He we come a-janneying
Carbonear to host parade of mummers, kitchen party
It’s time to get out your rubber boots, handkerchiefs, oversized clothes and any undergarments you may find suitable, because there’s a janneying parade in Carbonear.
For a number of years there have been rumours residents of the town were going to step up and host the first of its kind in the region.
“This was a long term idea,” organizer and town deputy mayor Frank Butt explained. “It goes back to five or six years ago. The idea of a janneying parade was always there.”
Janneying, or mummering, is when a group of people get dressed up and disguise themselves. They then go to different houses to dance, tell a few tales or even play music. Traditionally, the janneys couldn’t get offered a drink or food until their identities were guessed correctly. Typically, the practice would take place during the 12 days of Christmas.
Janneying has been in Newfoundland since the 19th century, but in recent years, it has died down.
Many children in the past few decades have been instilled with the belief that they’re not supposed to talk to strangers. Since a mummer’s face is covered, not know- ing who someone is and inviting them into your house could be unsettling for some.
But an organized event could allow more people to take in the tradition, and experience it without the negative connotations.
Butt said the intention of the parade is to bring out locals from all over the area, and allow them the opportunity to get familiar with the tradition of janneying.
“About two years ago we could see that something needed to be done to keep the tradition of janneying alive,” Butt said. “What better way to do it than to do it in an area that has so much potential.”
He was talking about Water Street in downtown Carbonear, which has a rich history of its own — Rorke’s Store, the Stone Jug and the many Victorian-style homes nearby. There will also be live music during the parade.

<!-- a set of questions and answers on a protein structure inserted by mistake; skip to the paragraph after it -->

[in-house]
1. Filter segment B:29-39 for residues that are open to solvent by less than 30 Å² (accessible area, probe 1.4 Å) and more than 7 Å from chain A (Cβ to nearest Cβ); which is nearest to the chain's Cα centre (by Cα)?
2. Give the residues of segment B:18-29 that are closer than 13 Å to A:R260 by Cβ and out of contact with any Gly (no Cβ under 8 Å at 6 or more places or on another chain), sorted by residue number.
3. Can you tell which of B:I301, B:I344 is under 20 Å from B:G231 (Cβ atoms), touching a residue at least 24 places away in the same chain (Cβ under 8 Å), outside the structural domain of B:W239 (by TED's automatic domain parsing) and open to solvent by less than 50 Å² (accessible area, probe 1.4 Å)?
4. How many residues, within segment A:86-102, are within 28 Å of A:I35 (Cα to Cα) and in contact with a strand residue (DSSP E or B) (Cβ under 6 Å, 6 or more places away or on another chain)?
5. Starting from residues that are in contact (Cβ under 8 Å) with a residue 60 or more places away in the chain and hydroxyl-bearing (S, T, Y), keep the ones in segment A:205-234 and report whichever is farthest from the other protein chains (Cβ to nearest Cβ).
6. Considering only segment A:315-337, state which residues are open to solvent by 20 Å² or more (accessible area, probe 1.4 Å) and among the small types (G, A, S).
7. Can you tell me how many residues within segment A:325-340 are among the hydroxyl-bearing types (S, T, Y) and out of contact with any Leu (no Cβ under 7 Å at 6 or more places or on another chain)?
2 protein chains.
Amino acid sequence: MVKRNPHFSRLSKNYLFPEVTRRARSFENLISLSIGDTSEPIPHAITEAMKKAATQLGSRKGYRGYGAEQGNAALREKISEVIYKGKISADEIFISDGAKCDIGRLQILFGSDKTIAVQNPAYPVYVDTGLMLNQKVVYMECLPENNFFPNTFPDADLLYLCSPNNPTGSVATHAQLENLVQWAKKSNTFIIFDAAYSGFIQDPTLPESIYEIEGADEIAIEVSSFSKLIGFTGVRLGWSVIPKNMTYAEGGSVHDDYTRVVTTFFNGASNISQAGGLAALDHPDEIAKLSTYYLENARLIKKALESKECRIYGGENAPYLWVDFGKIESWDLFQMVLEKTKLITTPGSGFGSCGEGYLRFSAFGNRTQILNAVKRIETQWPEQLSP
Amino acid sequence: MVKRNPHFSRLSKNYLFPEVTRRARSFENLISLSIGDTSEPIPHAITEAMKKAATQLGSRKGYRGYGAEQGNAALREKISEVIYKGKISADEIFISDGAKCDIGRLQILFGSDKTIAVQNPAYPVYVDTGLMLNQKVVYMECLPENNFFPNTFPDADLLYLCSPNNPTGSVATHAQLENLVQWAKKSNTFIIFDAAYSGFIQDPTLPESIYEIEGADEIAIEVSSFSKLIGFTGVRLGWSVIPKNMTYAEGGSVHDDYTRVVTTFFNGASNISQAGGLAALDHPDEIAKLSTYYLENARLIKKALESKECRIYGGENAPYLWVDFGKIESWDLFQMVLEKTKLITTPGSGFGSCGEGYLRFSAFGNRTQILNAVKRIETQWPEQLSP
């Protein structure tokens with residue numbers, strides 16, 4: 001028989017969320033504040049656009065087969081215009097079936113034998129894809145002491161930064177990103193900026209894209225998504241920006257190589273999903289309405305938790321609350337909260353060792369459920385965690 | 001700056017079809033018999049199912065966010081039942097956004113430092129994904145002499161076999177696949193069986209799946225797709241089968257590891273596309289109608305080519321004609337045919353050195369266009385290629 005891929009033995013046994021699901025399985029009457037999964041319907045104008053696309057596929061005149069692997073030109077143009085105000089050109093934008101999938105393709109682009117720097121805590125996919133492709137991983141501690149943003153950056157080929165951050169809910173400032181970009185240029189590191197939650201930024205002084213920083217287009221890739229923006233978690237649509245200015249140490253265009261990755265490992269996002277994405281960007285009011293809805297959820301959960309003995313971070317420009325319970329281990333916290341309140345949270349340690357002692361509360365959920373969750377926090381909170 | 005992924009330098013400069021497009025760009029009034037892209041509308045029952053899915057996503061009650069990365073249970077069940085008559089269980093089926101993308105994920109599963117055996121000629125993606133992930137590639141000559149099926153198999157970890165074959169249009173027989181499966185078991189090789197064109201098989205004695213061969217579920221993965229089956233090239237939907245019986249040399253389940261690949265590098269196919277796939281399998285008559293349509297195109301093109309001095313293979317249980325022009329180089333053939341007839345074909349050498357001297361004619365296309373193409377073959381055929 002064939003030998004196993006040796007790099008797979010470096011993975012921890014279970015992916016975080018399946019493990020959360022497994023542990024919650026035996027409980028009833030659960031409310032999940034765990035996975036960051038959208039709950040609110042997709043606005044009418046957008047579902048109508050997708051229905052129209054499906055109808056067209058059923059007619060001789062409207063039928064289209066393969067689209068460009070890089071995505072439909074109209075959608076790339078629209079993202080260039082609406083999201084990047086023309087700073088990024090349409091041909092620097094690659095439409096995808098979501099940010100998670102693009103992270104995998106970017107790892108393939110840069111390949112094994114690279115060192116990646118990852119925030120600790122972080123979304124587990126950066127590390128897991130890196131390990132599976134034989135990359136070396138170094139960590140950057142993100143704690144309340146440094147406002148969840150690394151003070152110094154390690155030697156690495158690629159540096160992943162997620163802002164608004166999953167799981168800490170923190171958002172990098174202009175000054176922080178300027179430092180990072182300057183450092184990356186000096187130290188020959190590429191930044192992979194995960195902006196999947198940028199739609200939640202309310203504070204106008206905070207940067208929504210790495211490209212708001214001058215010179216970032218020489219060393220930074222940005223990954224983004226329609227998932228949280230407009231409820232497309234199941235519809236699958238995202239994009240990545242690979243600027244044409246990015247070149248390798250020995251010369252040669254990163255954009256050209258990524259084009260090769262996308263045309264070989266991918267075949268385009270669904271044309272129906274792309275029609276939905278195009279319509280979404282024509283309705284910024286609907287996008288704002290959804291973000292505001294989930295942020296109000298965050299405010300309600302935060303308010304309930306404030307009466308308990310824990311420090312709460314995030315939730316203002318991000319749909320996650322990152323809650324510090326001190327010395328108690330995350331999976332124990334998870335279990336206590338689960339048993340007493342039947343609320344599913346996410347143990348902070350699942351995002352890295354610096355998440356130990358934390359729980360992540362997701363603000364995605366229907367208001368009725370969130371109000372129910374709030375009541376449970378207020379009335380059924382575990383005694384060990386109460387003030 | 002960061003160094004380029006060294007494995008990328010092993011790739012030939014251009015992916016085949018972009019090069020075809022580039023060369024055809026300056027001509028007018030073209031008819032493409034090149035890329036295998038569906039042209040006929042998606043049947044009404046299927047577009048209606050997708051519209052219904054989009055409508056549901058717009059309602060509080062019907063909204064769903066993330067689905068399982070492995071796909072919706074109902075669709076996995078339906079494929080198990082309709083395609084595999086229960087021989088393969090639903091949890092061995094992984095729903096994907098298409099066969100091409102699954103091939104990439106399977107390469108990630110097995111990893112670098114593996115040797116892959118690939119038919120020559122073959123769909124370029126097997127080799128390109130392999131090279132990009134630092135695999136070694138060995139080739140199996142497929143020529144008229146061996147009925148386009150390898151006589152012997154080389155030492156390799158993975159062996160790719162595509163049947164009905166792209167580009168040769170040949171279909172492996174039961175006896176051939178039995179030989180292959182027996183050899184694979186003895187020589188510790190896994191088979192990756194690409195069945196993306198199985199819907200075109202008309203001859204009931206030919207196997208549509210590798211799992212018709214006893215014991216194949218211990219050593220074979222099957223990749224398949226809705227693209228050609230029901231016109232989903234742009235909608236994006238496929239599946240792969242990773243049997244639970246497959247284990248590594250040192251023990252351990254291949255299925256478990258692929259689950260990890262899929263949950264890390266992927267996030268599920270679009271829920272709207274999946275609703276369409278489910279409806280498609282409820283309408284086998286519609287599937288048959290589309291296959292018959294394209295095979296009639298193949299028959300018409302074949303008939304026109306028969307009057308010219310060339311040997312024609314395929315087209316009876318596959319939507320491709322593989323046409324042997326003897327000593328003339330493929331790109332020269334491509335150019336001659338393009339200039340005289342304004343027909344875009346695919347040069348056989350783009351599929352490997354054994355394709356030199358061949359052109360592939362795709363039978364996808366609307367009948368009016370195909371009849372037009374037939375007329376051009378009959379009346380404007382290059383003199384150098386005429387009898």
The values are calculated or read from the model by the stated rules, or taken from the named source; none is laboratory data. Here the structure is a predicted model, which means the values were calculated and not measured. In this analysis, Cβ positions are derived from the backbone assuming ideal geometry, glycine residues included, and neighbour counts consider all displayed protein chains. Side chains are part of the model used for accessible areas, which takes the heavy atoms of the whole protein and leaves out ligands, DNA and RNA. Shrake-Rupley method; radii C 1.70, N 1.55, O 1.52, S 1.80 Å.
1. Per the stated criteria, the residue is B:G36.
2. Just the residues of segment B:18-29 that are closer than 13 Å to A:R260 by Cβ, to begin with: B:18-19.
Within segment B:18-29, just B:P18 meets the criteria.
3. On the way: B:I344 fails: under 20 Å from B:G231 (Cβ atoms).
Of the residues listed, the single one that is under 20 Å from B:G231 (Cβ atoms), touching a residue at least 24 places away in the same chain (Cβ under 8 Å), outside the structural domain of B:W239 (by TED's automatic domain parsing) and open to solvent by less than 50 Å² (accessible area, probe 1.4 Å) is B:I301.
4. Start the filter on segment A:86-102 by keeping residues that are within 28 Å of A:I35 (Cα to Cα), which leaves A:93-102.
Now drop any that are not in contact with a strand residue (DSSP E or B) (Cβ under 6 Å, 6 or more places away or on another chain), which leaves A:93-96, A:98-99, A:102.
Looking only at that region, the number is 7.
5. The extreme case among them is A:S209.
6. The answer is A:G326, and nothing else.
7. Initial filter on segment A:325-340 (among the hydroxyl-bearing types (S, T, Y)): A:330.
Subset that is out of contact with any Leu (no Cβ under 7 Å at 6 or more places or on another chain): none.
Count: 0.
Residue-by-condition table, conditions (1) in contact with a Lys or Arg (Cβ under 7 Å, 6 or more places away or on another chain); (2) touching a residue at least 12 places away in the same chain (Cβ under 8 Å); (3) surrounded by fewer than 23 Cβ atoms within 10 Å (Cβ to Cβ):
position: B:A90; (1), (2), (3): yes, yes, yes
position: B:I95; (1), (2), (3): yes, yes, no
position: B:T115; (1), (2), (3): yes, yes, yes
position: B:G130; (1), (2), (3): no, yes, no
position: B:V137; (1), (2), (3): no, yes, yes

Butt spoke with several people who he believed might be interested in setting up a committee to make the parade happen this past summer.
Robert Thornhill, a local photographer who had taken shots of mummers and janneys last year, was first to sign on. Next was Coun. Bill Bowman, who comes from a family of folk musicians. Rounding out the group were local downtown business owner and artist Natalie Austin, Florence Button, Charlene Sudbrink and Linda Saunders.
It wasn’t long before the committee began meeting at the Knights of Columbus to brainstorm.
“There were so many ideas being thrown around during our first meeting,” Butt said.
Earlier this fall, the announcement was made that the parade was given the green light, and support started rolling in.
“It’s not just people from Carbonear, it’s all over,” Butt explained.
All of those involved with the parade are volunteers — committee members, performers and participants.
The parade will begin at 7 p.m. at Harbour Rock Hill on Saturday, Dec. 20, in front of the Salvation Army Citadel. It will be followed by hot chocolate, Purity syrup and fruit cake — three staples for janneying — at the Conception Bay Regional Community Centre at 8 p.m.
At 9 p.m., an adults-only kitchen party will begin at the Knights of Columbus on Adelaide Street, with a DJ, then live music.
“It will let people wind down a little,” Butt explained. “Why not come, de-stress with the family, the kids or alone.”
Butt said all who want to participate in the parade are welcome. Children must be supervised by a parent. Outfits can be lit up, but no open flames will be allowed.
A familiar theme around the bay for parades is traditional mummers or janneys, like these four from Old Perlican. Carbonear will open its downtown streets for a janneying parade Dec. 20 to folks just like these ones.